New York City is stacked with some pretty serious sandwich options - from the ultimate pastrami to the million-and-one superb takes on the classic New England lobster roll. But today we are recounting the absolute must-try sandwiches in the Big Apple. From out-of-the-box vegetarian sandwiches to an expertly done fried chicken sandwich, check out the slide show to salivate over all 12 superlative creations.
Turkey club at Court Street Grocers
Trying to pick just one item to feature from this Carroll Gardens sandwich expert was a task in itself. From the roasted pork shoulder with cheese (Macho Man or Woman) to the classic Reuben, choosing the must-try of the pack was a tough call. But the combo that received the most nods from sandwich lovers was the turkey club. This triple-decker club is made with confit dark-meat turkey, roast white meat, bacon, Bibb lettuce and mayo and is served on a potato roll. Epic.
Insider tip: Don't live near Carroll Gardens? You can also sandwiches (though not this exact one) at locations in Greenwich Village and Red Hook.
The details: 485 Court St., Brooklyn, 718-722-7229; 50 Laguardia Pl., 212-777-9292; 116 Sullivan St., Brooklyn, 347-529-6803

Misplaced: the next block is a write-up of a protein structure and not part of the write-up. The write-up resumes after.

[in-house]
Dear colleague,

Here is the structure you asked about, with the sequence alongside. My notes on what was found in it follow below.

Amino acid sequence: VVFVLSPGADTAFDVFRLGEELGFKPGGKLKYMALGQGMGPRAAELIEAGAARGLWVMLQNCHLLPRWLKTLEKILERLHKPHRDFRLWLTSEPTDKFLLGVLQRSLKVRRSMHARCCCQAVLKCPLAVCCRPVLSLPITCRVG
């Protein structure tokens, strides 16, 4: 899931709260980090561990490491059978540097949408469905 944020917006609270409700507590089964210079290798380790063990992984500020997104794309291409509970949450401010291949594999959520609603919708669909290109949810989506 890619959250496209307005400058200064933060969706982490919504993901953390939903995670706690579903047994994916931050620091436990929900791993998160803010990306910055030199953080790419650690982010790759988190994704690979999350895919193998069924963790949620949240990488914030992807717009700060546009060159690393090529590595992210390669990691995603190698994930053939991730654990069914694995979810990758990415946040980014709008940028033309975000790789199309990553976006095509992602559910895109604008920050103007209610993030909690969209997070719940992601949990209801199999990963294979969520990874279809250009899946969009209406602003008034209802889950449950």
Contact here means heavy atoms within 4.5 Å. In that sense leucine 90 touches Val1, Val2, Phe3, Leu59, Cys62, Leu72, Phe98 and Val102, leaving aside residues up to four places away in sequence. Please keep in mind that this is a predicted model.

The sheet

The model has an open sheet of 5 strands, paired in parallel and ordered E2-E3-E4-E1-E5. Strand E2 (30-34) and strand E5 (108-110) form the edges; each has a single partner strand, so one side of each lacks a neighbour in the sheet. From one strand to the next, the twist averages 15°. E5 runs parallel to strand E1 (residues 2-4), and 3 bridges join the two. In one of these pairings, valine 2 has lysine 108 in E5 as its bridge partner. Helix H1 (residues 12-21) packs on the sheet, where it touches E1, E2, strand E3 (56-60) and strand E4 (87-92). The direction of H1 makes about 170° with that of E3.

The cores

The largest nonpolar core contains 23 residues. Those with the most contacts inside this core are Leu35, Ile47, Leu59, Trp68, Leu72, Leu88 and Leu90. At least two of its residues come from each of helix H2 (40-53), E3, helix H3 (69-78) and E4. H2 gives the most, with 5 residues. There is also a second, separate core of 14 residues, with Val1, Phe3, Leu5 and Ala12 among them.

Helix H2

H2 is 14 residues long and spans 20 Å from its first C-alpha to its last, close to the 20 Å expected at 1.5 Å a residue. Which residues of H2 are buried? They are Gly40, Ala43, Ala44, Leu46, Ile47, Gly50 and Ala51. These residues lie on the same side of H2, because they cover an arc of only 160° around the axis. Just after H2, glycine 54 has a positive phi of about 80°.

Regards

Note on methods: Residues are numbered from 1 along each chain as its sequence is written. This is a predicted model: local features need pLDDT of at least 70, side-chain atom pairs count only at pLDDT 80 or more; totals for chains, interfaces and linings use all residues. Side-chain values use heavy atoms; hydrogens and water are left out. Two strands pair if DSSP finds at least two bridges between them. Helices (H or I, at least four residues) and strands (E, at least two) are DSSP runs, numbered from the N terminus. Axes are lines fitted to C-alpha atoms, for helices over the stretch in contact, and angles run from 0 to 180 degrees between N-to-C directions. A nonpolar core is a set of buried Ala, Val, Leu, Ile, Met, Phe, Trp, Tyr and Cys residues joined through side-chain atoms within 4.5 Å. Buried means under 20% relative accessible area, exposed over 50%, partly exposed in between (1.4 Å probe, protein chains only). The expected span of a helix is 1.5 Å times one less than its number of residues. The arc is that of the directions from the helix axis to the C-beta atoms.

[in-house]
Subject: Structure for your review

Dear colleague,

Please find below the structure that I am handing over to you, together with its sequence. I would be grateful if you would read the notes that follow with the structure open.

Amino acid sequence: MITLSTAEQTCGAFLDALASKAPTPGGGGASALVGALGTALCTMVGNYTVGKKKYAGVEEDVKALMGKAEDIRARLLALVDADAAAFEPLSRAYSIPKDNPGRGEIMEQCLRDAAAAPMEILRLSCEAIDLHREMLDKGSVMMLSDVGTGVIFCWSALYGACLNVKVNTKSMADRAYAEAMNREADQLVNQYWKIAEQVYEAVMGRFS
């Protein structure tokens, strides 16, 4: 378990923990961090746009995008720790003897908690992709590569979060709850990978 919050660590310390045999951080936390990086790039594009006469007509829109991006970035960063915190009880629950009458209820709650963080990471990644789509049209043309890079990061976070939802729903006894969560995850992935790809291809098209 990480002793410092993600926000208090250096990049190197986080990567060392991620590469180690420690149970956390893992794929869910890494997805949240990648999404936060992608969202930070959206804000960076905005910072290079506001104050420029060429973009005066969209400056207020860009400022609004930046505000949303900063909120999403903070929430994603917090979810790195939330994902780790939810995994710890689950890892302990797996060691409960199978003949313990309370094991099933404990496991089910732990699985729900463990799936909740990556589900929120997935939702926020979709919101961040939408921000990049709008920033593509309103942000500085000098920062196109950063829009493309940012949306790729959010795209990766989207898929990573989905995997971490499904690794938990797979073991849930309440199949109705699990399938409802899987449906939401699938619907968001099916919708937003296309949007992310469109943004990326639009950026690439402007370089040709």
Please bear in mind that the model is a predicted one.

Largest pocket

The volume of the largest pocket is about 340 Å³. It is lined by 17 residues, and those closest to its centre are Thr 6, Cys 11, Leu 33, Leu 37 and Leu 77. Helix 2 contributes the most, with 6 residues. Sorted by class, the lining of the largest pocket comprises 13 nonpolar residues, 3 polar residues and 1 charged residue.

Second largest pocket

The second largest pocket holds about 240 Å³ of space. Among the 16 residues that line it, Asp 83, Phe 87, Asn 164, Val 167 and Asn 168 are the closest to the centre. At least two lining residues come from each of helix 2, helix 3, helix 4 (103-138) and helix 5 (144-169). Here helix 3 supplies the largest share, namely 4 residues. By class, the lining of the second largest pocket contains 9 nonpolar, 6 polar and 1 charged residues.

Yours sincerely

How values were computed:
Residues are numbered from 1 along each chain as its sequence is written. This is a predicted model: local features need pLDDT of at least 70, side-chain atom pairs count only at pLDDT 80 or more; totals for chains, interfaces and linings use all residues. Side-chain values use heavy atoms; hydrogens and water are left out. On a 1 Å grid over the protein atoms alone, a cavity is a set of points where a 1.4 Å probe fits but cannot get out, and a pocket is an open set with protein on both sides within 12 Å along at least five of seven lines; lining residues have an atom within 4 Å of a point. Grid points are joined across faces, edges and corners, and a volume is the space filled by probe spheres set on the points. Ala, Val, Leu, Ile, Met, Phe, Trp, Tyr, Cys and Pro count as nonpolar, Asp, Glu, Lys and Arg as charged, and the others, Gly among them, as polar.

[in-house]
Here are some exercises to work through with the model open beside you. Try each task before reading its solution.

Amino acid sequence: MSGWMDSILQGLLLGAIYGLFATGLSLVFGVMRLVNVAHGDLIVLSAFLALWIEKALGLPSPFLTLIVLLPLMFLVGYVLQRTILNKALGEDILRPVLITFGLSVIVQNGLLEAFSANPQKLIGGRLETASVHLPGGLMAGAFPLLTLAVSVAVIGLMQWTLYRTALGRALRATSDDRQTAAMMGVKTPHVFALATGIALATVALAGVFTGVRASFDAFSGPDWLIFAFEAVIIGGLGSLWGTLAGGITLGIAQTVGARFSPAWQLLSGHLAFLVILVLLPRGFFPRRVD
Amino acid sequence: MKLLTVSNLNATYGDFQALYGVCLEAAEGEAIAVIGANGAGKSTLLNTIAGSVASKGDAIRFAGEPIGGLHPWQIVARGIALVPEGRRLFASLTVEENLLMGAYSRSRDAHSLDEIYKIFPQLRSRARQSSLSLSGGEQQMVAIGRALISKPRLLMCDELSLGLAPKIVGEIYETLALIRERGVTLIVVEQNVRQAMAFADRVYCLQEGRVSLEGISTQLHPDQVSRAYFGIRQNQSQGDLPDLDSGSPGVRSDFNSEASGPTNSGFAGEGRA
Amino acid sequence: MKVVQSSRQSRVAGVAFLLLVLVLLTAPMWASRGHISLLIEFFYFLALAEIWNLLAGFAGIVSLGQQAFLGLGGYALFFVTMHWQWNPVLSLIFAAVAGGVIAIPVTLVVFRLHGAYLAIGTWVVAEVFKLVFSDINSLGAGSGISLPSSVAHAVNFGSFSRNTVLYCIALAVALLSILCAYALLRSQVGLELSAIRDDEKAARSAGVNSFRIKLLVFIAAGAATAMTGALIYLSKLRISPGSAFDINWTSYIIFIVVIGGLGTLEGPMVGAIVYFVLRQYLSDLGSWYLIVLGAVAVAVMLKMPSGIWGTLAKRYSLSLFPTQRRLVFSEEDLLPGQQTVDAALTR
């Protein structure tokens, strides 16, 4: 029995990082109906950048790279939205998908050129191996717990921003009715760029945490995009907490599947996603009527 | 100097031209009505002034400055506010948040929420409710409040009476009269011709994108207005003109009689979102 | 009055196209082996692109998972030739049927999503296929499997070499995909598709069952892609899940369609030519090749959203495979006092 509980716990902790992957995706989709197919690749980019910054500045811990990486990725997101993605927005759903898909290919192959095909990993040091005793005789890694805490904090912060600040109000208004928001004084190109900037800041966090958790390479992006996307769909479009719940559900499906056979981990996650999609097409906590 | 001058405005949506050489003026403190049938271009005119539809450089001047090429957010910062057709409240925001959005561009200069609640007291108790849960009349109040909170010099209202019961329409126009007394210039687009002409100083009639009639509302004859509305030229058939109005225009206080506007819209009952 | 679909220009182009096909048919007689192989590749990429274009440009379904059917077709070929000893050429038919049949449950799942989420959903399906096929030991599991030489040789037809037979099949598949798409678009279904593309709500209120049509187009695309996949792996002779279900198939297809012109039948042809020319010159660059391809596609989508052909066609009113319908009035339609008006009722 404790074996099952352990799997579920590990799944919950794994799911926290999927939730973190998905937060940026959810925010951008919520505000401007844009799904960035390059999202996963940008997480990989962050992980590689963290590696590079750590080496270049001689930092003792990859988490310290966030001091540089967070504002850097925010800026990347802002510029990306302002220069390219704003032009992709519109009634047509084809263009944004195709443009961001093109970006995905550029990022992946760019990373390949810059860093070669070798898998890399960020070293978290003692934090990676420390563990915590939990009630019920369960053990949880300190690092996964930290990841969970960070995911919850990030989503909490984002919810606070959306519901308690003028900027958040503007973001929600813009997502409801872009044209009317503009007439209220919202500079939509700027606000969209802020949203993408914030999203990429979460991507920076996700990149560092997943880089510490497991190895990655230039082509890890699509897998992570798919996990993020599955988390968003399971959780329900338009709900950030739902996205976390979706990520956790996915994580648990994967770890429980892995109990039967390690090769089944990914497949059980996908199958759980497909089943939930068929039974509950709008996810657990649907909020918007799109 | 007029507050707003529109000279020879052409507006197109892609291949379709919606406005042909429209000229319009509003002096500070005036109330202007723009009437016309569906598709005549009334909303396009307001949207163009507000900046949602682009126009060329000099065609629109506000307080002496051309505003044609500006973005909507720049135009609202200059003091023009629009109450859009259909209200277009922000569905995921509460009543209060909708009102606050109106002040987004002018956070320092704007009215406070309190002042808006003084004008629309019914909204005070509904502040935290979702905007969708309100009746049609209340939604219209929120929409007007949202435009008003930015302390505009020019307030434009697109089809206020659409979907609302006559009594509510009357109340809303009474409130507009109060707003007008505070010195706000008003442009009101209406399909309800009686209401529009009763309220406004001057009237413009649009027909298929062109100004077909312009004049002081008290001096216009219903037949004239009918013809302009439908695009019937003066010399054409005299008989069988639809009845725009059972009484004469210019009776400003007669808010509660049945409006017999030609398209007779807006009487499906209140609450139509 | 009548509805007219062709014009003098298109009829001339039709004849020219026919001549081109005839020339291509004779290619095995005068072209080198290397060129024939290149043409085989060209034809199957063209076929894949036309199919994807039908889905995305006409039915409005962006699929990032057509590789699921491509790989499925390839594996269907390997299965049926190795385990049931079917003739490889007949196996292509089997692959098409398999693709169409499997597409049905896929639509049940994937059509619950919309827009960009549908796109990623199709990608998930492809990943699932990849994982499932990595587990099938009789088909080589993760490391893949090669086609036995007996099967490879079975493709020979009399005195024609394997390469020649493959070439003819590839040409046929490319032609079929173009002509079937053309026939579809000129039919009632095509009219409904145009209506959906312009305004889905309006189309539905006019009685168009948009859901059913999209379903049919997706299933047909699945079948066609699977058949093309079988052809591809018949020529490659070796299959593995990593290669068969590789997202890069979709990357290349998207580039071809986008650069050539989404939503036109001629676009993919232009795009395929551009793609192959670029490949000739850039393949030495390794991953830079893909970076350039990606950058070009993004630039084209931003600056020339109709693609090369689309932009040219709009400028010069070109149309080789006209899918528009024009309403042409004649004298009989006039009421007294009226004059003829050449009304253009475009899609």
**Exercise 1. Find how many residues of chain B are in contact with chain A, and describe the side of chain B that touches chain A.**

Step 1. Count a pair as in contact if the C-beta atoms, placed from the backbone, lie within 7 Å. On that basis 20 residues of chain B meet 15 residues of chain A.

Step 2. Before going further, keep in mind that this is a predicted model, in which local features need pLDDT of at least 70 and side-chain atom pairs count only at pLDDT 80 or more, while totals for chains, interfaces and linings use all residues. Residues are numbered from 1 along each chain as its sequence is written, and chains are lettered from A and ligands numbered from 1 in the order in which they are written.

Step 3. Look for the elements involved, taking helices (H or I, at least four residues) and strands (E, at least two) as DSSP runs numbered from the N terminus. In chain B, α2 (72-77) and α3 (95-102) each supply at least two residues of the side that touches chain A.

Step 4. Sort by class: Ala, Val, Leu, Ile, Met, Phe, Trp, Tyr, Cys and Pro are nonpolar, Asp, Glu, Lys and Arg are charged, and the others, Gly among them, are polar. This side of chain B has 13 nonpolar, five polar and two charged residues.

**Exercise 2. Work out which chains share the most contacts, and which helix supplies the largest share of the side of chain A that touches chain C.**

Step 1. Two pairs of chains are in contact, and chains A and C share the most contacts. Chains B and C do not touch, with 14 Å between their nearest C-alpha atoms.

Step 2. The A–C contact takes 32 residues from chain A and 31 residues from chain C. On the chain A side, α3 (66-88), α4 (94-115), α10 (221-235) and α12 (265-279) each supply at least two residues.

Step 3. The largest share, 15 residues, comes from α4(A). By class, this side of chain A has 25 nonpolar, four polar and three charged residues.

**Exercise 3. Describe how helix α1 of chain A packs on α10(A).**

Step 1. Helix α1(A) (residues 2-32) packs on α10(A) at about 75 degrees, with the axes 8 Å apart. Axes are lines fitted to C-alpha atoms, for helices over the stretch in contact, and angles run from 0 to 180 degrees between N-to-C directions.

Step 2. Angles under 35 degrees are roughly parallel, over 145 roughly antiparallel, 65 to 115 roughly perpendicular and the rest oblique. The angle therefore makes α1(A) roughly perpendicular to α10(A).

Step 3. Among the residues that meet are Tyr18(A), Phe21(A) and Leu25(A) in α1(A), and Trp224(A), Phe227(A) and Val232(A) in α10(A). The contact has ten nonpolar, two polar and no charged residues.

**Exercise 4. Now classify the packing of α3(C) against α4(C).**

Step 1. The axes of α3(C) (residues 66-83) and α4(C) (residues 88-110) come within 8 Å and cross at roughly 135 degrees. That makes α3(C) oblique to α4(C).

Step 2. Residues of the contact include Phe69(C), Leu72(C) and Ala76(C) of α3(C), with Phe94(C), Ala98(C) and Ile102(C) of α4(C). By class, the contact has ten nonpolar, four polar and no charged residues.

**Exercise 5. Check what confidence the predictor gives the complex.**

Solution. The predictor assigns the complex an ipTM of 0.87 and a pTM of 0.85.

Spicy fried chicken sandwich at Fuku
David Chang's Fuku opened in the East Village after the Momofuku team hinted at this fried chicken masterpiece for some time. It's now nearly ubiquitous: there are three locations and the lightly spiced chicken thigh sandwiched in a Martin's potato bun can also be procured at both Madison Square Garden and Citi Field. It's both crispy and moist; exactly what you want in a piece of fried chicken.
Insider tip: If fried chicken (and pickle butter, yes it's served with a light smear of it) is enough of an indulgence for you, skip the bun and get the Fuku Fingers, which are exactly what they sound like.
The details: Multiple locations.
Roasted cauliflower at Num Pang
A vegetarian sandwich that won't have you missing the meat, this veggie take on a Cambodian street sandwich (num pang is the Cambodian equivalent of a Vietnamese banh mi) is stuffed with roasted cauliflower and Chinese and Thai eggplant spread infused with chile-soy flavor. Like all the other sandwiches at the popular chainlet, it's topped with cucumber, pickled carrots and cilantro on freshly baked bread. Perfection.
Insider tip: Num Pang now has five locations in NYC, with a sixth in Times Square opening soon.
The details: Multiple locations.
The Scuttlebutt at Saltie